There have been so many incredible things written about Abe Pollin by people that know of him far better than I for me to have too much to add. (In fact, here are some of them). But since it's Abe Pollin, possibly the most influential non-politician in Washington over the last 30 years, I feel compelled to add this to the discussion.
I don't think I need to list several of Abe's great attributes right off the bat. We all know them. In short, he was a great man, the type of person who "every little child hopes he grows up to be and every old man wished he had been," according to one of his former employees. And yet, Pollin was also derided by many for running a "mom and pop" organization. He was too loyal, too unwilling to let people off the hook for poor job performance. He was criticized for being cheap and for valuing character over talent. He was lambasted for his treatment of Michael Jordan and for his previous unwillingness to go over the luxury tax.
Pollin essentially was bashed for not possessing a single-minded pursuit of winning. In all other walks of life, his adherence to higher principles would be universally praised. In sports, it was a reason to criticize him. That should tell you something about how sports is perceived to be simply about winning. It was never about that for Abe Pollin, and the more we think about it, it really isn't about that for any of us either.See, Abe Pollin used the Washington Bullets/Wizards as a vehicle for social improvement. As far back as the 1970s, when racial discrimination in sports was still rampant, Pollin was hiring African Americans such as KC Jones (just four years removed from his playing days) to high positions in his organizations. He brought his championship-winning club to China in 1979 in an attempt to help improve U.S. relations there, an action that seems common now, but was anything but then. He rewarded those who were loyal to him, standing by them whether they were upper-level management or the equipment managers. He renamed his team because he was concerned that he was promoting violence in some way. (For the record, this site's name is not in protest of Mr. Pollin's decision, but rather as a rallying cry uniting the two eras of the franchise). And, of course, in the most stunning example of social consciousness of all, he moved the team downtown and built a stadium in a downtrodden area of town on his own dime in an attempt to revive the surrounding neighborhood.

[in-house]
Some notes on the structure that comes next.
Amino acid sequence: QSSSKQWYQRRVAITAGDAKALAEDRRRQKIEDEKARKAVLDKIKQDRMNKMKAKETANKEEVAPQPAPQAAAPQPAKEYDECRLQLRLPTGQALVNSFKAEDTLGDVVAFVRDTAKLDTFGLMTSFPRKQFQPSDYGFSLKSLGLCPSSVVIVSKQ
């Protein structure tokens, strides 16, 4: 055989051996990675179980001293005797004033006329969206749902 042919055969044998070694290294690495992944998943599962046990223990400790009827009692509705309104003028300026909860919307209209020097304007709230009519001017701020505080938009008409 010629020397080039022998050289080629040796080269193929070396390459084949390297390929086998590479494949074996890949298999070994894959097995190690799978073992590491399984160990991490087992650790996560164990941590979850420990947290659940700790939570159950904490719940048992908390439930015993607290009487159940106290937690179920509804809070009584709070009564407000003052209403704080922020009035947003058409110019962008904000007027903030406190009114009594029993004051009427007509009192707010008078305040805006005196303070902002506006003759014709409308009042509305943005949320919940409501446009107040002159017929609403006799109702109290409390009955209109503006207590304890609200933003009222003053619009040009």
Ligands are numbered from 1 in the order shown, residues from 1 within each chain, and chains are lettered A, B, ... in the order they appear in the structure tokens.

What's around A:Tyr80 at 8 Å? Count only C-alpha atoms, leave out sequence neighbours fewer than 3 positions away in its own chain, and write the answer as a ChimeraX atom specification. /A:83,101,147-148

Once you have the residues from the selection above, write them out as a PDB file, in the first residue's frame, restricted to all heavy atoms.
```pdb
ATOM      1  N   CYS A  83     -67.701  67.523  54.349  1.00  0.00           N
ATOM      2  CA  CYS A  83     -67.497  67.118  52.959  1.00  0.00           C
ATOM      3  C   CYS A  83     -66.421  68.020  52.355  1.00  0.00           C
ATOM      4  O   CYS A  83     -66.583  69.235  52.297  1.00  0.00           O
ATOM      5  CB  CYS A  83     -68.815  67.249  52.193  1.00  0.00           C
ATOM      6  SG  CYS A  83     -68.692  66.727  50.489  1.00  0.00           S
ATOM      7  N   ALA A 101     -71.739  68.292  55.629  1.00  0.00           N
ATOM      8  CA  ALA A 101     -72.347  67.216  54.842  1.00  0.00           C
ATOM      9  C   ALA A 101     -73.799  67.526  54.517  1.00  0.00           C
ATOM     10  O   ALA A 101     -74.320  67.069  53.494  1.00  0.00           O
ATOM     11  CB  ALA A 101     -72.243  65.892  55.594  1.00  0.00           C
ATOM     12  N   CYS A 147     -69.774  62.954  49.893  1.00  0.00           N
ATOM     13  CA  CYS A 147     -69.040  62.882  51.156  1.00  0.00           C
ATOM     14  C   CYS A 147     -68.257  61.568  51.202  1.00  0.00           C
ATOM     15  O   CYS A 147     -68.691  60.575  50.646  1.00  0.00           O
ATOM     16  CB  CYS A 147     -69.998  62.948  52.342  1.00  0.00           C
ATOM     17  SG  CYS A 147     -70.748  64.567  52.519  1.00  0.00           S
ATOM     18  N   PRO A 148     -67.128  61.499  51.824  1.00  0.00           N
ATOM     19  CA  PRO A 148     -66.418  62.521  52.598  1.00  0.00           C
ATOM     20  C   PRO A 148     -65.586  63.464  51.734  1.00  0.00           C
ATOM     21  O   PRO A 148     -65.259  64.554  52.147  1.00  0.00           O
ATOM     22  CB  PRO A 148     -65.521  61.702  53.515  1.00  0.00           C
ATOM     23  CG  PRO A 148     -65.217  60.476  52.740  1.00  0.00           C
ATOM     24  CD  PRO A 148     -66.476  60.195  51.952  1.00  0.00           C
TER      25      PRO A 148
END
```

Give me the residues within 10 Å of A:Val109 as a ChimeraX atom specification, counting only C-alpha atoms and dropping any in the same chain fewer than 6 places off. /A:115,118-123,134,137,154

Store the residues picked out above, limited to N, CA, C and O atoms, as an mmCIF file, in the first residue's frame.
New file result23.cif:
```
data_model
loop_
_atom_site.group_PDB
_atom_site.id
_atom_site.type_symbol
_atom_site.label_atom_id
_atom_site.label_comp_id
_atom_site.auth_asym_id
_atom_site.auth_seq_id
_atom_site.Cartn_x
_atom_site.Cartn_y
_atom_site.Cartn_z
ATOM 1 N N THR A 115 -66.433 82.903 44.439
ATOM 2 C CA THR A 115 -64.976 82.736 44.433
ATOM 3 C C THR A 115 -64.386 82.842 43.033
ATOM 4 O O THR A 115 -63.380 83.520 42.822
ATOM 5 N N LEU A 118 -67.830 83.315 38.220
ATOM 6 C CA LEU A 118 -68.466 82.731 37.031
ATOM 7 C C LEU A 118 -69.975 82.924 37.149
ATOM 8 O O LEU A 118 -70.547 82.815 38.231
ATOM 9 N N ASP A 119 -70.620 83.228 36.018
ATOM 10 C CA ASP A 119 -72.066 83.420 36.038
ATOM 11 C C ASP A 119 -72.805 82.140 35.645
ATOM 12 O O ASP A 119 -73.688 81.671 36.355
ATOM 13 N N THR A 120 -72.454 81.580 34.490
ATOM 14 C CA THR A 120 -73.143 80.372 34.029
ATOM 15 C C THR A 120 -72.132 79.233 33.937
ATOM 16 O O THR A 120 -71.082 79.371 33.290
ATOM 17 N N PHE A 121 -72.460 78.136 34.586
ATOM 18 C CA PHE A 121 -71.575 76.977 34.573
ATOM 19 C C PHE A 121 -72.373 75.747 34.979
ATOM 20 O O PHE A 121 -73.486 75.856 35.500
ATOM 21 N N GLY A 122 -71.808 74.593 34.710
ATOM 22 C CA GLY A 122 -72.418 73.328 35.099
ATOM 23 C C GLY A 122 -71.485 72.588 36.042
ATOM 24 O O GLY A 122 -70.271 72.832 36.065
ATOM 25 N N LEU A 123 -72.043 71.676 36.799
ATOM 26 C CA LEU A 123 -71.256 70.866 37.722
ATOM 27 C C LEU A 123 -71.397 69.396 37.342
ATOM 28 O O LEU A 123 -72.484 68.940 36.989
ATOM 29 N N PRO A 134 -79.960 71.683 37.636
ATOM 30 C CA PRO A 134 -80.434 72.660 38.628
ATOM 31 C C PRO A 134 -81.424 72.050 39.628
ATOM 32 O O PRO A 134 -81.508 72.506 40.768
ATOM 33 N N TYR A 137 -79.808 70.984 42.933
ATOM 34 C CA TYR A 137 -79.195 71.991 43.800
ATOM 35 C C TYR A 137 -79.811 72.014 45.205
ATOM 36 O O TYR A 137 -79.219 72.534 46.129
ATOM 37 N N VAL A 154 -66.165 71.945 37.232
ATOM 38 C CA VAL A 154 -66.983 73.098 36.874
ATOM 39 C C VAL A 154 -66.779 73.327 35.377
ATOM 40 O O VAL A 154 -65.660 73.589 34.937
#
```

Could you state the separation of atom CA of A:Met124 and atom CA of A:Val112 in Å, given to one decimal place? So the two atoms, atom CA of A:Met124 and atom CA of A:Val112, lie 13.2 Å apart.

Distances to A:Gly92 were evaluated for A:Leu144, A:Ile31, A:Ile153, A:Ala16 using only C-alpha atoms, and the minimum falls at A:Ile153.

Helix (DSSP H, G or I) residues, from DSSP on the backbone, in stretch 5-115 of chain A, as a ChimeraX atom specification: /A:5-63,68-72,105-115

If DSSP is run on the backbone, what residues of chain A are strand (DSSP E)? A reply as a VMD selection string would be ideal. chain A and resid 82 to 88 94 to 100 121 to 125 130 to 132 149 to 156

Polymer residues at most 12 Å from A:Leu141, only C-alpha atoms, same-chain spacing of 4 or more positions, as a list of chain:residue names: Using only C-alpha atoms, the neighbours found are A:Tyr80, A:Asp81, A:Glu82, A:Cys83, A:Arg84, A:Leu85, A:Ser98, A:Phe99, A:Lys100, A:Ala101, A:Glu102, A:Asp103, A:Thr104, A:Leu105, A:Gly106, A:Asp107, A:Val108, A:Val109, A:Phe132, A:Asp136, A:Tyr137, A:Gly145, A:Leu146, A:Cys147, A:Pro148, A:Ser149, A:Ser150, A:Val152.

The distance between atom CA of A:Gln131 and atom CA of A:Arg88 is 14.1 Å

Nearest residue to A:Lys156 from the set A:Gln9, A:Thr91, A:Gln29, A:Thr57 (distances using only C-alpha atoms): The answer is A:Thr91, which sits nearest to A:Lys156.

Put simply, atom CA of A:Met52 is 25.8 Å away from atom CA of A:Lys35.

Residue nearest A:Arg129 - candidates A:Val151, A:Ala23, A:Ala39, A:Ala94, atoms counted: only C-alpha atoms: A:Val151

There are many wonderful people owning sports teams who do good deeds. Pretty much all of them do, unless they are Donald Sterling. But nobody else ran their sports franchise that way. Mark Cuban may do all sorts of wonderful ancillary things to help people in Dallas and everywhere, but the bottom line for him is that he'll do everything he has to do to win. And lest you think I'm singling out Mark Cuban, he's not the only one. There are so many owners in this world who possess and are praised for a single-minded pursuit of winning, for putting themselves and their resources out there to field a winner. Abe Pollin was not like that. He instead put himself and his resources out there to make the world a better place, with his team as the vehicle.